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Posted: July 09 2007 at 2:40am | IP Logged Quote JoJo

I forgot to add that a couple of weeks ago my parents in law came back from a trip to Europe and brought back a selection of coins for my 6yo dd. How terrific was that?

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Posted: July 09 2007 at 3:56am | IP Logged Quote lapazfarm

Oh, I forgot that I also have for my Asia box some carved Jade, a Chinese character stamp and ink set, some paper money, tangrams, origami paper and instructions, and some pearls.
For Africa I have a small pyramid paperweight.
For NA I have some fur scraps, some whale baleen and ivory scrimshaw jewelry.
I am really in need of some South American and Australian stuff as I have nothing! Any ideas?


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Posted: July 09 2007 at 4:04am | IP Logged Quote lapazfarm

I was thinking of different cultural items that could be easily found at a grocer, but would be non-perishable.

What about spices from different cultural foods? You could set up some neat smelling jars for each continent!
Curry from India, chili (Chile?) powder, perhaps some teas or Chinese 5 spices? Allspice is Caribbean, I think. Where do cinnamon and nutmeg come from? Rosemary? Any ideas for Australian or African spices? Guess I need to read up on where spices come from!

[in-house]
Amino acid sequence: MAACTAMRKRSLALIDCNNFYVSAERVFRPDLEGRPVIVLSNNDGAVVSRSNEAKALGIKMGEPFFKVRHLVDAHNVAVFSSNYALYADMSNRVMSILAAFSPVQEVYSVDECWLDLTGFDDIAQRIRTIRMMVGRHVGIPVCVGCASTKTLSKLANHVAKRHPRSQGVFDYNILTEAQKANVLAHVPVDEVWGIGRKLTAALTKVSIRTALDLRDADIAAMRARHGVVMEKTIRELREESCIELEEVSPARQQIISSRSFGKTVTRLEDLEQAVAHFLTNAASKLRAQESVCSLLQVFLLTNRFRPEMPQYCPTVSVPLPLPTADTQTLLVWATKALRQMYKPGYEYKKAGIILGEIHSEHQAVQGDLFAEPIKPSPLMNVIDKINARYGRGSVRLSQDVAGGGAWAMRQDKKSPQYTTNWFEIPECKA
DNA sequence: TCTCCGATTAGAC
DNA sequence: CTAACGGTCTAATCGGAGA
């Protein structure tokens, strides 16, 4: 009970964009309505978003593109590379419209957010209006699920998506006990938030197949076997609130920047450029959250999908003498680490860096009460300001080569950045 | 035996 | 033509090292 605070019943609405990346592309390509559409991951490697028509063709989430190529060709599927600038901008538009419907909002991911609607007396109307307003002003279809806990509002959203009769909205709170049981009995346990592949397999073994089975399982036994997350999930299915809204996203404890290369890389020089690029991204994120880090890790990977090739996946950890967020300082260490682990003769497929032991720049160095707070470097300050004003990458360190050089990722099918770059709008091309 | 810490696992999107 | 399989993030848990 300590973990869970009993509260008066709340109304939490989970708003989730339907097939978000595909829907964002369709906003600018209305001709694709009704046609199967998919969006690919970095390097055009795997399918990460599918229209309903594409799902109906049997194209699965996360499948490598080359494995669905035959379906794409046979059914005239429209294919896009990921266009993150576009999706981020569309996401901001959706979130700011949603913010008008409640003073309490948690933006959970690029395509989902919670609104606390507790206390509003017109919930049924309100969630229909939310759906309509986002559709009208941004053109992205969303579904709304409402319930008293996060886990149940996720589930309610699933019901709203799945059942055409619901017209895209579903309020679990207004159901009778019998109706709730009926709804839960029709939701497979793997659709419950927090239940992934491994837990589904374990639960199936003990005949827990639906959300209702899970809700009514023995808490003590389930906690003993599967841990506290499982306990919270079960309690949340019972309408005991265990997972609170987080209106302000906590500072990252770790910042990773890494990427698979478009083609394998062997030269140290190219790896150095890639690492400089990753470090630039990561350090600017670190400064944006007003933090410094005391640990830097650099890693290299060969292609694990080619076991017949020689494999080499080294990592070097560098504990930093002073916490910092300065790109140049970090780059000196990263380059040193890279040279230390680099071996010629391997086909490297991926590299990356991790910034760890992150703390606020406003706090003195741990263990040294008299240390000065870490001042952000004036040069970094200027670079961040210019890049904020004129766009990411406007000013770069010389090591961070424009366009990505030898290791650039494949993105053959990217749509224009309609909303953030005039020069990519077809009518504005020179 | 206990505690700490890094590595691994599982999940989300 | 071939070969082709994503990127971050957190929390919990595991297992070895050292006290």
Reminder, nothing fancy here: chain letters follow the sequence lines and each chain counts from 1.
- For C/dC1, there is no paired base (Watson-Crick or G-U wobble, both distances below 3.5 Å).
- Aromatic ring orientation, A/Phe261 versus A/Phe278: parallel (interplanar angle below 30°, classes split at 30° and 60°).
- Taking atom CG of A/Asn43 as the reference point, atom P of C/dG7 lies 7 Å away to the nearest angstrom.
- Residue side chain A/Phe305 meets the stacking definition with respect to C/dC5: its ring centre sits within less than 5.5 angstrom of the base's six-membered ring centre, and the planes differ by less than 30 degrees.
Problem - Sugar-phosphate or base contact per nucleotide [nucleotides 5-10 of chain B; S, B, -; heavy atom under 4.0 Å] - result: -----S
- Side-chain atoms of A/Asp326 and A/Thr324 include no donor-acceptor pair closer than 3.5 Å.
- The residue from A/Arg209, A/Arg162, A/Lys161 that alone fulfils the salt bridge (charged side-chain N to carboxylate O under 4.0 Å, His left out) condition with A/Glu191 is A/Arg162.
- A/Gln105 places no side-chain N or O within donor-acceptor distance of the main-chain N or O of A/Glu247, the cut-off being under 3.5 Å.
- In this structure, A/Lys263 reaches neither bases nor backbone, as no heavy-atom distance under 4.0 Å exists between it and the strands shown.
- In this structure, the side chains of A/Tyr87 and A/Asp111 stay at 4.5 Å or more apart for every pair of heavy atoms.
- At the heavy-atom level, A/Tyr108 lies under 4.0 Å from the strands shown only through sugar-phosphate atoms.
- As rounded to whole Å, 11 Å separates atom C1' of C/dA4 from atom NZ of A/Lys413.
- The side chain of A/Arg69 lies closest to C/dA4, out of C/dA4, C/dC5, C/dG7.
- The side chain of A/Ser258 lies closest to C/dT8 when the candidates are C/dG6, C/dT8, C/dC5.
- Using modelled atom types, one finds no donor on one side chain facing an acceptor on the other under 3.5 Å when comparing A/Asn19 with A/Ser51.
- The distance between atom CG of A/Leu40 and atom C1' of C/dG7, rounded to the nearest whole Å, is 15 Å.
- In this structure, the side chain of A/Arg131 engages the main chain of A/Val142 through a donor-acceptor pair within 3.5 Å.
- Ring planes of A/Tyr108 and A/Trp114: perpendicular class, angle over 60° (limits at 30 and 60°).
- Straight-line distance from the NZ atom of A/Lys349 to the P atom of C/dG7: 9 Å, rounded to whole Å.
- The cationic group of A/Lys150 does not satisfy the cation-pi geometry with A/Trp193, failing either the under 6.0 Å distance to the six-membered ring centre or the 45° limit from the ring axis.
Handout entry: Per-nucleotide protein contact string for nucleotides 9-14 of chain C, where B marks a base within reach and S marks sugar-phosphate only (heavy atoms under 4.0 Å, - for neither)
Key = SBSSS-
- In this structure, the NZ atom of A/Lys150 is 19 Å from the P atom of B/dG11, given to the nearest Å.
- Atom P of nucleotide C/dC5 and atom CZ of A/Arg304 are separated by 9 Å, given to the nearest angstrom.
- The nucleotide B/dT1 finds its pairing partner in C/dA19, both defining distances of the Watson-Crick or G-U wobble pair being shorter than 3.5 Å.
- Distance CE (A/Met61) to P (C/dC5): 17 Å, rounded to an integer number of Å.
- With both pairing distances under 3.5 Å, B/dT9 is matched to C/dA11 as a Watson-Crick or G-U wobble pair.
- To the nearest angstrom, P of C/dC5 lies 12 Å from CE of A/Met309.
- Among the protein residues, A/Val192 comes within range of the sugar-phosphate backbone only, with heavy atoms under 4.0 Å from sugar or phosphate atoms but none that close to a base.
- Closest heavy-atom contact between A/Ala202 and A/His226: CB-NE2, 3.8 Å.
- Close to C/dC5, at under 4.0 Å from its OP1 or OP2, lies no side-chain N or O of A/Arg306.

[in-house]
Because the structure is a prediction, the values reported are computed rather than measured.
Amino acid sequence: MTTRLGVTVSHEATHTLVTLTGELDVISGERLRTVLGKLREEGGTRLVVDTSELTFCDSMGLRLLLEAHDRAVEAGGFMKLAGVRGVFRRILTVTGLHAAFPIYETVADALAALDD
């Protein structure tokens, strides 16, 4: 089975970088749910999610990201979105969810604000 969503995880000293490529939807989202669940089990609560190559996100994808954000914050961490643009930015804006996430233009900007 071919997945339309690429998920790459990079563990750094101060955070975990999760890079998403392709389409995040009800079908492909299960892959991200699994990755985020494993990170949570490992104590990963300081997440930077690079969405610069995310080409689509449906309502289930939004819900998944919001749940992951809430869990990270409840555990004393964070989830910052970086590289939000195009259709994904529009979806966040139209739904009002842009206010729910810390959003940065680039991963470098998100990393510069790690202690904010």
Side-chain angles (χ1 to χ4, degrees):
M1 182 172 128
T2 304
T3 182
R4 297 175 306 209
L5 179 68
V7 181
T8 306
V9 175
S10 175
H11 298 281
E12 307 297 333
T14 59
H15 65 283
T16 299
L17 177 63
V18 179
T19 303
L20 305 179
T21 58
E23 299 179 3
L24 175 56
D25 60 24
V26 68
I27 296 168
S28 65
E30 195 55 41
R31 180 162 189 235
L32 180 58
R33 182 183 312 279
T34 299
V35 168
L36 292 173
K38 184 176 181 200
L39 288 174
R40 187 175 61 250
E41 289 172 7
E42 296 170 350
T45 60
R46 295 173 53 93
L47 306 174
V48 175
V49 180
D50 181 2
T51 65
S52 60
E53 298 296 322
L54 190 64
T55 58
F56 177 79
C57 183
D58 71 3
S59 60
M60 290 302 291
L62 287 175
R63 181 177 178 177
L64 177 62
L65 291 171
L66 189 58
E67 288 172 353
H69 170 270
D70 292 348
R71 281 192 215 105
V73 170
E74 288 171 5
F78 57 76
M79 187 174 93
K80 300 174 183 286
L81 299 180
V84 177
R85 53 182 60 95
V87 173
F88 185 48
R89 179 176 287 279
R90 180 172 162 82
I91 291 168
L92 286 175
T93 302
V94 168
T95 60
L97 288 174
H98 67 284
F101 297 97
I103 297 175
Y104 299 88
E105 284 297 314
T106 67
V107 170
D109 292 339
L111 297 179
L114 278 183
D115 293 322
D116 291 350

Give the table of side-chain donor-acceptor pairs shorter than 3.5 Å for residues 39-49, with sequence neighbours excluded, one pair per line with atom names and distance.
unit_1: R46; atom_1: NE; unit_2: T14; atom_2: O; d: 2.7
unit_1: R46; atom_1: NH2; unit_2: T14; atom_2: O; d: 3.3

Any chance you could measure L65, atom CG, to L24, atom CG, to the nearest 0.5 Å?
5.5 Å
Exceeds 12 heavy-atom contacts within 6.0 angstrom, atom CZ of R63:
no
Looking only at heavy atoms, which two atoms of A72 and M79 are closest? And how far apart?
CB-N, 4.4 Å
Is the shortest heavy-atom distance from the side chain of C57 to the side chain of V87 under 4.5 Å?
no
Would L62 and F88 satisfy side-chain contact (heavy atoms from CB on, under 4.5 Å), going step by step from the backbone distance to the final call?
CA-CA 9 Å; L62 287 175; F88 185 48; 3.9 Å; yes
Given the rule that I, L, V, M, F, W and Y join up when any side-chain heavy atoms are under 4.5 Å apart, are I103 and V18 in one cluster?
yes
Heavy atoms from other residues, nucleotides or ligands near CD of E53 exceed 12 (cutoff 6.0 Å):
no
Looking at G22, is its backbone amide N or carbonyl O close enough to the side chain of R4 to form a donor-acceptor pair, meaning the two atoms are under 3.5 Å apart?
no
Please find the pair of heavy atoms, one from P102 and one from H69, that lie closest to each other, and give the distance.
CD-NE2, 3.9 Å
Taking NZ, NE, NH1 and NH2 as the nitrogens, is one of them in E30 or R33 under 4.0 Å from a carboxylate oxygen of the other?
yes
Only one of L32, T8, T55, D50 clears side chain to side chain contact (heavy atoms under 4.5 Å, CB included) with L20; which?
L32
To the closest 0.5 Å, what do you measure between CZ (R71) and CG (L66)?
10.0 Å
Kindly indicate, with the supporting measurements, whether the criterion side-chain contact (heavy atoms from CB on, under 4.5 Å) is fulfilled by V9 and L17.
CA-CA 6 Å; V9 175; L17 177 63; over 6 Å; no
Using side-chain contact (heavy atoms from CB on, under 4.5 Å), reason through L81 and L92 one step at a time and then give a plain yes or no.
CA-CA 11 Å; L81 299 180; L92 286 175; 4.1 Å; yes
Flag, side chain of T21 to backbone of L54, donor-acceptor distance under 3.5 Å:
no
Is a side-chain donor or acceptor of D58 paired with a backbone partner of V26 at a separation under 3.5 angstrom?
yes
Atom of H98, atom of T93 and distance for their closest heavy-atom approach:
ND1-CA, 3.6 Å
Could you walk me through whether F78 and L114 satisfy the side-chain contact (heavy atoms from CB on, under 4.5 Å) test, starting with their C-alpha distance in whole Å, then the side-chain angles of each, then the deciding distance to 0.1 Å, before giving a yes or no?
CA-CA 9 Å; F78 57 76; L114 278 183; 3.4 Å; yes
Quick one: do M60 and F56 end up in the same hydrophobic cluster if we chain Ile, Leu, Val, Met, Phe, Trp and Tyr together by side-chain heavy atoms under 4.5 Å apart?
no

Nuts might work well, too. I can guess where Brazil nuts come from, but what about macadamia, pistachio, and others? Any ideas here?

Dried fruits might be an option: dates, for instance. And in the Mexican section there are always dried peppers.

Sorry, this isn't a wish list, more like a grocery list!

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Posted: July 09 2007 at 5:31am | IP Logged Quote JoJo

Another easy to set up continent activity that my dd was very fond of whilst at Monty preschool was pin pricking. Print continent outlines onto coloured paper (use colours as per Montessori globe) and then show the child how to pierce around the outline using a very large needle or skewer.

It takes a lot of time and concentration to do this.